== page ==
Additionally, especially when the decontamination tunnel is heated to above ambient temperature, the containers are preferably preheated prior to admitting the vapor. With reference to FIG. 8, the containers pass through a heating chamber 170 prior to entering the decontamination tunnel 11, where the containers are heated by heaters 171 to a sufficient temperature such that the surfaces of the containers are at or above the temperature of the tunnel when the containers enter the tunnel. This avoids condensation occurring on the containers.
 With continued reference to FIG. 8, a circulating flowpath may be created in each of the containers by supplying the vapor hydrogen peroxide through a fill line 172 to one end of the container (near the top 134 in FIG. 8) and withdrawing the vapor through an inlet 173 of an exhaust line 174 positioned near the other end of the container (the base 132 in FIG. 8) using a pump 176. In this way, the vapor is drawn through the container and rapidly contacts the entire surface. Within about 1-2 minutes, the interior of the container is microbially decontaminated to at least a high level disinfection standard. Optionally, the tubes may be operated sequentially, with a first valve 178 being opened for a brief period to allow a pulse of hydrogen peroxide to enter the container through the fill line 172. The fill line valve 178 is then closed. After a brief decontamination period, perhaps 30 seconds to one minute, depending on the temperature, a second valve 180 is opened and the pump 176 withdraws the vapor from the container through the exhaust line 174.
 Further removal of hydrogen peroxide from the containers may take place in an aeration chamber 182, connected with the decontamination tunnel 11, which is subjected to a negative pressure via an exhaust line 183 connected with a vacuum pump 184. Or, the exhaust lines in the decontamination chamber may be eliminated and the containers continue to be decontaminated as they pass into the aeration chamber. The vapor is then removed in the aeration chamber.
 Alternatively or additionally, sterile air, which has been passed though a filter 186 is blown into the aeration chamber through an air inlet line 188 to drive any remaining vapor from the containers. Pressure differences and/or air flow through filters, such as HEPA filters in the interface areas between the decontamination tunnel and the aeration chamber may be used to minimize the risk of cross-contamination. The decontaminated containers then move to an aseptic filling area 190 where they are filled with the product and then capped.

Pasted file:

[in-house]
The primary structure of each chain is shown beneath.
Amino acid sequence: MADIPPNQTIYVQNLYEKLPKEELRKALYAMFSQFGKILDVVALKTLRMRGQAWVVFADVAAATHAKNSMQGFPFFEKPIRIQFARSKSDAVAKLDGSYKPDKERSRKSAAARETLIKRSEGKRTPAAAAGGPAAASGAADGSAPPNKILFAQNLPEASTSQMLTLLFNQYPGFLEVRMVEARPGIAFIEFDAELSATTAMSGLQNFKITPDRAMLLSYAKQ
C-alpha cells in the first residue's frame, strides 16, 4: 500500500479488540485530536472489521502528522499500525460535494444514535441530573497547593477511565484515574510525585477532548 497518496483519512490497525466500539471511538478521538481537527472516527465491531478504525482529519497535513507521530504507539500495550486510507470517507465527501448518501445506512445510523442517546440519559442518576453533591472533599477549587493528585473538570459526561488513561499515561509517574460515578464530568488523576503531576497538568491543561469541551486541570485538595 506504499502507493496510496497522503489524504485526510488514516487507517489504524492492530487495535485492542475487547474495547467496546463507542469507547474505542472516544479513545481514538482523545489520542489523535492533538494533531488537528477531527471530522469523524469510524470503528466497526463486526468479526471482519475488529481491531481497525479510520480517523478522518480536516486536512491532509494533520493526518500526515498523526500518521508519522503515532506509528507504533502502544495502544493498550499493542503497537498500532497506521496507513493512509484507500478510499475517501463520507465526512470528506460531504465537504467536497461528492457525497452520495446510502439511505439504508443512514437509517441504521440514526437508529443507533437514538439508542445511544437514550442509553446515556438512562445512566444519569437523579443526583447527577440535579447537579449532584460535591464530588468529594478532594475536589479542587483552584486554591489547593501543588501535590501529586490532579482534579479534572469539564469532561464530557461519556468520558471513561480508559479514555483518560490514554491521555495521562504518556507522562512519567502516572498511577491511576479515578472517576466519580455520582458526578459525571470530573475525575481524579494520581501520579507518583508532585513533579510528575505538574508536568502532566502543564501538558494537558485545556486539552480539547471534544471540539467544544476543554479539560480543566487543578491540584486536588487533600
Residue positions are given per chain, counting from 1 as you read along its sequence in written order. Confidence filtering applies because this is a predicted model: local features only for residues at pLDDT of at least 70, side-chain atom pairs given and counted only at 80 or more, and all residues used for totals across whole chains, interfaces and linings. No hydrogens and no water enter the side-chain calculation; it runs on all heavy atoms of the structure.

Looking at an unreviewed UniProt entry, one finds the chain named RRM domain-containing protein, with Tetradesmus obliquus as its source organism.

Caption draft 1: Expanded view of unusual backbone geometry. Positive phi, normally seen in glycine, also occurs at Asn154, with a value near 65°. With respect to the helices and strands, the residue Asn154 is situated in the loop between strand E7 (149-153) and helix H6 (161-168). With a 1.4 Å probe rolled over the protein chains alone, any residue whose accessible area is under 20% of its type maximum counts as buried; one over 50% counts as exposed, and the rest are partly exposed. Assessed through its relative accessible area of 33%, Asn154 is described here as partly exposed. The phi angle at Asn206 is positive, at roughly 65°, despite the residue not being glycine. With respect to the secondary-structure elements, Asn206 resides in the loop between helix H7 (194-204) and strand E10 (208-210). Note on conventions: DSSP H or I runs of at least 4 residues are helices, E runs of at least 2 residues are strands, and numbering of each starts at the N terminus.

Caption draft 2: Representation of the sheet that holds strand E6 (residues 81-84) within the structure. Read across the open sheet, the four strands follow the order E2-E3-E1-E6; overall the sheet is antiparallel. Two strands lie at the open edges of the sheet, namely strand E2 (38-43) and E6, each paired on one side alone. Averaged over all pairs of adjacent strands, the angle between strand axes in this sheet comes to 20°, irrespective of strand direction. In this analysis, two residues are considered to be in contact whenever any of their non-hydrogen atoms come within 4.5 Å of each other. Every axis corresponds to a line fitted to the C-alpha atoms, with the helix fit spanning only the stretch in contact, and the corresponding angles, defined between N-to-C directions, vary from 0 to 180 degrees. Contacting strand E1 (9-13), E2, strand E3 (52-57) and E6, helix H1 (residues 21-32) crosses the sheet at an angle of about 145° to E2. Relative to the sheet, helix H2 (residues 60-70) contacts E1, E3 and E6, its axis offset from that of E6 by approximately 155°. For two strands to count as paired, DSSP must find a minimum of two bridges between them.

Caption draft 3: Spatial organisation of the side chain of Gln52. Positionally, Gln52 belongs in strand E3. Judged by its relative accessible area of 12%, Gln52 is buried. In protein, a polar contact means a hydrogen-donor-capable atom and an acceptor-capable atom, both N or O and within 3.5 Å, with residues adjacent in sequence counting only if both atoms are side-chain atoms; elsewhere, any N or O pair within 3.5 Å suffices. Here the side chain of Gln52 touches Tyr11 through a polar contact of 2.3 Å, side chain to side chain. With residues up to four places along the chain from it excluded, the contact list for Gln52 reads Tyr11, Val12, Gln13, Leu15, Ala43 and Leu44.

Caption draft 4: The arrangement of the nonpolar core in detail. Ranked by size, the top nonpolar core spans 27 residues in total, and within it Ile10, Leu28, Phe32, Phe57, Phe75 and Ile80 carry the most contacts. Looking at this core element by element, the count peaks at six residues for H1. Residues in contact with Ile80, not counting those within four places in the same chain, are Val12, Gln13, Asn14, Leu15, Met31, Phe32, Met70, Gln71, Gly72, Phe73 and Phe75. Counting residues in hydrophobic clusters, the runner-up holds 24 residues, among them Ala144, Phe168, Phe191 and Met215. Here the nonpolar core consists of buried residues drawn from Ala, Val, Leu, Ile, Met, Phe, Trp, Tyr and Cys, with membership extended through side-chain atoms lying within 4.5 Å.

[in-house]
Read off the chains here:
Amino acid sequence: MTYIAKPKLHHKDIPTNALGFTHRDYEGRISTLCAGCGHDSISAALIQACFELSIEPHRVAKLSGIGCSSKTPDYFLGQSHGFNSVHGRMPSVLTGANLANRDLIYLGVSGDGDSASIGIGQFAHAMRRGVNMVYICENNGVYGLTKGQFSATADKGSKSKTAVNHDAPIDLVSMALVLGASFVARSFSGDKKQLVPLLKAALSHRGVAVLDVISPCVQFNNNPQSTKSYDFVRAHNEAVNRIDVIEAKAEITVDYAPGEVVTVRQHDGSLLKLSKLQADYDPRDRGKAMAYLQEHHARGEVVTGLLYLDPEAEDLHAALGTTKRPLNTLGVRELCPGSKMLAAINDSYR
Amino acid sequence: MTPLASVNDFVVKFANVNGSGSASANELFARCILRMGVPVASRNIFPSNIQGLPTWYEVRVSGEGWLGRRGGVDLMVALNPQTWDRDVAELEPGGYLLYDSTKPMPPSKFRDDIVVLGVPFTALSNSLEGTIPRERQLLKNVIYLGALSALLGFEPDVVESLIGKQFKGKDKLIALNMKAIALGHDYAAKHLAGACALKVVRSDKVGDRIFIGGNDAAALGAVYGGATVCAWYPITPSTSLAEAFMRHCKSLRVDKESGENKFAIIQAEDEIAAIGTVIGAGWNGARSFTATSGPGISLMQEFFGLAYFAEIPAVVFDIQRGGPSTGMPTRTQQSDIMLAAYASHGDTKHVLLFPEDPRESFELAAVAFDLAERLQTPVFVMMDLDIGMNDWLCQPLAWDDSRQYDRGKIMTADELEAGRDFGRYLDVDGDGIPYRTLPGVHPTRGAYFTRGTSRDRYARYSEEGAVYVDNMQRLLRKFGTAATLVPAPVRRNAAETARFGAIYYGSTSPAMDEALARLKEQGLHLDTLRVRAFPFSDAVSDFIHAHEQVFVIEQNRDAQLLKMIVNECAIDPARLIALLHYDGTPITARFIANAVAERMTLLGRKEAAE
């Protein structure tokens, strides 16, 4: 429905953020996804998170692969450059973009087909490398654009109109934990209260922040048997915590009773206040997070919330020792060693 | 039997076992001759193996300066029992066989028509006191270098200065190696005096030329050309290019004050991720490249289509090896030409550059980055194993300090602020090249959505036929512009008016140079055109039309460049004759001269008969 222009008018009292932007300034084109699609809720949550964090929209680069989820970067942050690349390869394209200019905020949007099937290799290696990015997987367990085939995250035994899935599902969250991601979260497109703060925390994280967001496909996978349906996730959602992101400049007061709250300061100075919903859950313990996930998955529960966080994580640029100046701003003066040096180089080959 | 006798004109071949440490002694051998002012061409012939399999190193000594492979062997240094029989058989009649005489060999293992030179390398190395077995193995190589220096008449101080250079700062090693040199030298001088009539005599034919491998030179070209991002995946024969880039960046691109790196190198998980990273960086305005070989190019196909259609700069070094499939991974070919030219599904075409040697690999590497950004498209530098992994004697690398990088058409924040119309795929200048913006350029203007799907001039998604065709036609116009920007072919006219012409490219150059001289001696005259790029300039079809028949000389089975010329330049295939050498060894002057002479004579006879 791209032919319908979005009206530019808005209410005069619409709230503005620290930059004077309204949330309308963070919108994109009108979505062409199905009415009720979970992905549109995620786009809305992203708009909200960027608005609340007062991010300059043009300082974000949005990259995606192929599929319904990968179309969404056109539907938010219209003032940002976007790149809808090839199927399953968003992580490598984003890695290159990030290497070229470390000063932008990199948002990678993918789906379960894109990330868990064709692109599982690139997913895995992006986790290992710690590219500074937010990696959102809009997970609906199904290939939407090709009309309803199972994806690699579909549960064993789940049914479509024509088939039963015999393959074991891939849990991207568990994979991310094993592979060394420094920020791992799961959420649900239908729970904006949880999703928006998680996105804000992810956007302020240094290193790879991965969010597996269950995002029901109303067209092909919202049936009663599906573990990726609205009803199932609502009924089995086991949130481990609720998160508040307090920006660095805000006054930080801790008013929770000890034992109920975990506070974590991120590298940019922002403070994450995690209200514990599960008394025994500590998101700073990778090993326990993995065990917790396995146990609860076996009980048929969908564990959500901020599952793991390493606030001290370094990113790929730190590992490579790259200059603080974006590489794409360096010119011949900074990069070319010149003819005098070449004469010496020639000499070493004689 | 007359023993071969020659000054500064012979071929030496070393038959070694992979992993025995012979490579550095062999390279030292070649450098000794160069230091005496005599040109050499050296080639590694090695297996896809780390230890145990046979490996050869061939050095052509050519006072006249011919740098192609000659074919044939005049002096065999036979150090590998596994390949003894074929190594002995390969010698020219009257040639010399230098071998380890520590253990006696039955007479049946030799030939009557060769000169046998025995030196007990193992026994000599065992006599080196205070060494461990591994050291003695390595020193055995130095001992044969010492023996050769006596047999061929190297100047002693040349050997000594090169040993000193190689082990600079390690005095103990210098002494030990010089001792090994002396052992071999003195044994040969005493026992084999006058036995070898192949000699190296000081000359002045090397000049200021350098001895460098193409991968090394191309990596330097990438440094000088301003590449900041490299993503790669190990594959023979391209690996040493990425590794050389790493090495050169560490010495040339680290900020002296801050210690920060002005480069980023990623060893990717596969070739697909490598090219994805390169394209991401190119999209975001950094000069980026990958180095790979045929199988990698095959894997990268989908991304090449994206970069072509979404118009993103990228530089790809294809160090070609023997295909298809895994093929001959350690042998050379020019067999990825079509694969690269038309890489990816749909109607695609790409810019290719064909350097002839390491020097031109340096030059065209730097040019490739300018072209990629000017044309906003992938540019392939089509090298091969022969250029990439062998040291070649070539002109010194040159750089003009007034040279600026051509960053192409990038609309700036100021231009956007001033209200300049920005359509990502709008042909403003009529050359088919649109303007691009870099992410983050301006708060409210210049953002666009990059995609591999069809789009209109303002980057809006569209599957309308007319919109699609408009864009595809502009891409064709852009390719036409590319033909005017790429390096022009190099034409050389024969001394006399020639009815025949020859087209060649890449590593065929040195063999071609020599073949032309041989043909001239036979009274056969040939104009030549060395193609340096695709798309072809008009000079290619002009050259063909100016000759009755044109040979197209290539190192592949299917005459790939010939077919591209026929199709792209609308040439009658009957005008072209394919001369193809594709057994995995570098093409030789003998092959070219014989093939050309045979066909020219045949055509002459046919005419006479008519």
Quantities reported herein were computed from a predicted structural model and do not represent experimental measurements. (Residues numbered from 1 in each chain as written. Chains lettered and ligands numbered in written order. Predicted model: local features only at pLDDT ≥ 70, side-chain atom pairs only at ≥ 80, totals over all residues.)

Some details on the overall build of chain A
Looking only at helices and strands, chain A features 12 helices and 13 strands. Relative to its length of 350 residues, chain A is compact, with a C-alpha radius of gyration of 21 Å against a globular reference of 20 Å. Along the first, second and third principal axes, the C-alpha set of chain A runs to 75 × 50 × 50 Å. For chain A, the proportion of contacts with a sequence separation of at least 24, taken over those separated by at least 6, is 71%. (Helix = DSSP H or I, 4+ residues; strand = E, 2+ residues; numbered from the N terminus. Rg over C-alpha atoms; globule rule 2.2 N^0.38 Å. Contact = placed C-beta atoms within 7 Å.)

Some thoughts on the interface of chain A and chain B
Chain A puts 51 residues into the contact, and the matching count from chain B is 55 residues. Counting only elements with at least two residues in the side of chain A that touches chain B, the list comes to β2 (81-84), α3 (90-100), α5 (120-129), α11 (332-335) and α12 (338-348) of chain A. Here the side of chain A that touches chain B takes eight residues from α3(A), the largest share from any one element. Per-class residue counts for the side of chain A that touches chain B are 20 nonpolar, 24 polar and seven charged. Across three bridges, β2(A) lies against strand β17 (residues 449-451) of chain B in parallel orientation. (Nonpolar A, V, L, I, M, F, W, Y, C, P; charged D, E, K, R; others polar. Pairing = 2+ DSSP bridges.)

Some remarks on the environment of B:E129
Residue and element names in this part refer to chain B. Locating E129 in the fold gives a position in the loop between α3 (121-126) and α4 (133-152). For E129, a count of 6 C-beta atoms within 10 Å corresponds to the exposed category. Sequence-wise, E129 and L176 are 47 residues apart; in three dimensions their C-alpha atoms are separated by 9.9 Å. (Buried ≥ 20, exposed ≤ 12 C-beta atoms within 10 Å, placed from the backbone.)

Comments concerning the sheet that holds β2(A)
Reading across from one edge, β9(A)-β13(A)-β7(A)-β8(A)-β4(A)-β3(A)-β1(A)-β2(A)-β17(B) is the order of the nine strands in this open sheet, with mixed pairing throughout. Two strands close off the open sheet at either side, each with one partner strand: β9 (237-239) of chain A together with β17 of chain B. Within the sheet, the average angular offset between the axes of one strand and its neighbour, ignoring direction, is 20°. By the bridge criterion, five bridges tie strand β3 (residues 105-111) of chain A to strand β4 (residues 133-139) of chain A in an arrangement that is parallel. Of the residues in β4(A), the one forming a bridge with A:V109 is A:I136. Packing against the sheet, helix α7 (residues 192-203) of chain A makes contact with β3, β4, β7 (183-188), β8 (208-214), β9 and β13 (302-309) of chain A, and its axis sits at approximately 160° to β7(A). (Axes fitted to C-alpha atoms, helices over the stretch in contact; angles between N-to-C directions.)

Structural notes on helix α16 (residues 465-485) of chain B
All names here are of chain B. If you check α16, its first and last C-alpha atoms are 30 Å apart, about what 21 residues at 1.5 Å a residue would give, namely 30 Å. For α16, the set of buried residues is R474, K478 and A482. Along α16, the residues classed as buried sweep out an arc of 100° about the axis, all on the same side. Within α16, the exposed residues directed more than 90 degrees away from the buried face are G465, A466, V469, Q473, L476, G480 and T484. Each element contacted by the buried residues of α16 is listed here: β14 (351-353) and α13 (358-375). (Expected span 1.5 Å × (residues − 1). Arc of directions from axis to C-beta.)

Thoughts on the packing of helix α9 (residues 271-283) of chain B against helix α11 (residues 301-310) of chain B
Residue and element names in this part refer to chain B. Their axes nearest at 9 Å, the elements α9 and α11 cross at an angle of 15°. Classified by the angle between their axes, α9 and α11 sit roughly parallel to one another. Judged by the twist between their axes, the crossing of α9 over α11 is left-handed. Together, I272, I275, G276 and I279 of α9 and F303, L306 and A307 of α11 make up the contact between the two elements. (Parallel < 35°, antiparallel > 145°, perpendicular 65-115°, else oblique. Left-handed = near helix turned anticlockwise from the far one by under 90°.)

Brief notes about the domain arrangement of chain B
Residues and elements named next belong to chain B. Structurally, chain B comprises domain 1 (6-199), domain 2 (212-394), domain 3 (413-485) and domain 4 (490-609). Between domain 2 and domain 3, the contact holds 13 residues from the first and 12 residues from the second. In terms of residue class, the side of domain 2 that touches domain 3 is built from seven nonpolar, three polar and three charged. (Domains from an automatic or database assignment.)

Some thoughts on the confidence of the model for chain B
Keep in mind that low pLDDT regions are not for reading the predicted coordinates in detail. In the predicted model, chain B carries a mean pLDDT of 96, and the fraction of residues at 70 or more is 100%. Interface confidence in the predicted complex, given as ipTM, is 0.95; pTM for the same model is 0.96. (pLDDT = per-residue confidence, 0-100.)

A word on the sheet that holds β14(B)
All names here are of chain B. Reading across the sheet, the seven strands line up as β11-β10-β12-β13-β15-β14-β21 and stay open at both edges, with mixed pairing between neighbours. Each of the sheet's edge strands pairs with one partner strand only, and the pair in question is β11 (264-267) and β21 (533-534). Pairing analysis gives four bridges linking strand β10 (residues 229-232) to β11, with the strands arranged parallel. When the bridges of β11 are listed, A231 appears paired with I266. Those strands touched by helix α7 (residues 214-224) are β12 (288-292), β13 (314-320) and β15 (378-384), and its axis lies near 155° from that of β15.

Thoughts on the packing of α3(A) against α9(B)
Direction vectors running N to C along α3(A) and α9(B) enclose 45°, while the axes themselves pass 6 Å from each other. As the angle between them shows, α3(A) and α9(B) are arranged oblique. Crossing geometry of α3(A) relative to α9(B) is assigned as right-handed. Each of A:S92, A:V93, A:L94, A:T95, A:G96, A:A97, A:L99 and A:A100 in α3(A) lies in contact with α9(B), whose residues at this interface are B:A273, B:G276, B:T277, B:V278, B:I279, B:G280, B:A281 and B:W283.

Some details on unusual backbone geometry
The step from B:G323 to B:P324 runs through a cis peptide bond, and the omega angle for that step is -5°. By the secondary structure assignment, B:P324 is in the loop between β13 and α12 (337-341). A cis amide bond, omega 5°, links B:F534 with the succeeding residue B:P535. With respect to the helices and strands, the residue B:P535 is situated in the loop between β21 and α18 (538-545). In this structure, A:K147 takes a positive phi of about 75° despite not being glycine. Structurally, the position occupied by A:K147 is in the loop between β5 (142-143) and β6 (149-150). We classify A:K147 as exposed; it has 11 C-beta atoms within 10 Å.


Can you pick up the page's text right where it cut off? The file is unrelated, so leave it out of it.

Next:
The length of the decontamination tunnel, the speed of the conveyor system, temperature of the tunnel, and the chemistry of the vapor are selected so as to ensure that the containers are microbially decontaminated by the time the vapor is removed. In a preferred high speed bottling plant, each container spends about one to two minutes in the decontamination tunnel, during which time it is microbially decontaminated.
 The fill and exhaust lines 172, 174 may be in the form of side by side tubes, as shown in FIG. 8, or may be concentric tubes, as shown in FIG. 9. The lengths of the fill and exhaust lines can, of course be reversed, so that the vapor enters near the top of the container and is withdrawn from adjacent the bottom.
 Alternatively, as shown in FIG. 10, the fill and exhaust lines may be separately introduced to the containers. First, a set of containers is filled with vapor from an inlet manifold 124 connected to a set of fill lines 172. The containers then pass to a second, exhaust manifold 192 connected to a set of exhaust lines 174. The spacing between the two manifolds is arranged to allow sufficient residence time for the vapor to decontaminate the containers before the containers reach the exhaust manifold.
 With reference once more to FIG. 9, a cap 196 optionally at least partly closes off a top opening 198 of the container during vapor introduction and removal. As shown in FIG. 9, the cap has apertures formed therein through which the fill and exhaust lines 172, 174 pass.
 In another embodiment shown in FIG. 11, the hydrogen peroxide vapor is fed into the decontamination tunnel through an inlet line or fill line 200 and is drawn into the individual containers by applying a vacuum to exhaust lines 174 inserted into each container. The exhaust lines extend to near the bottom of each container so that the vapor is drawn through the container to achieve decontamination.
 In another embodiment, shown in FIG. 12, each fill line 202 has its own dedicated vaporizer 10, which may be located very close to the containers, e.g., in the decontamination tunnel 11. An exhaust line withdraws the vapor from the containers. A carrier gas line 204 may be used to supply a carrier gas to the inlet line or the vapor may be passed directly to the container without use of a carrier gas.
 The containers preferably pass though a reduced pressure enclosure 206 prior to entering the decontamination tunnel to limit escape of the vapor into other areas of the bottling line.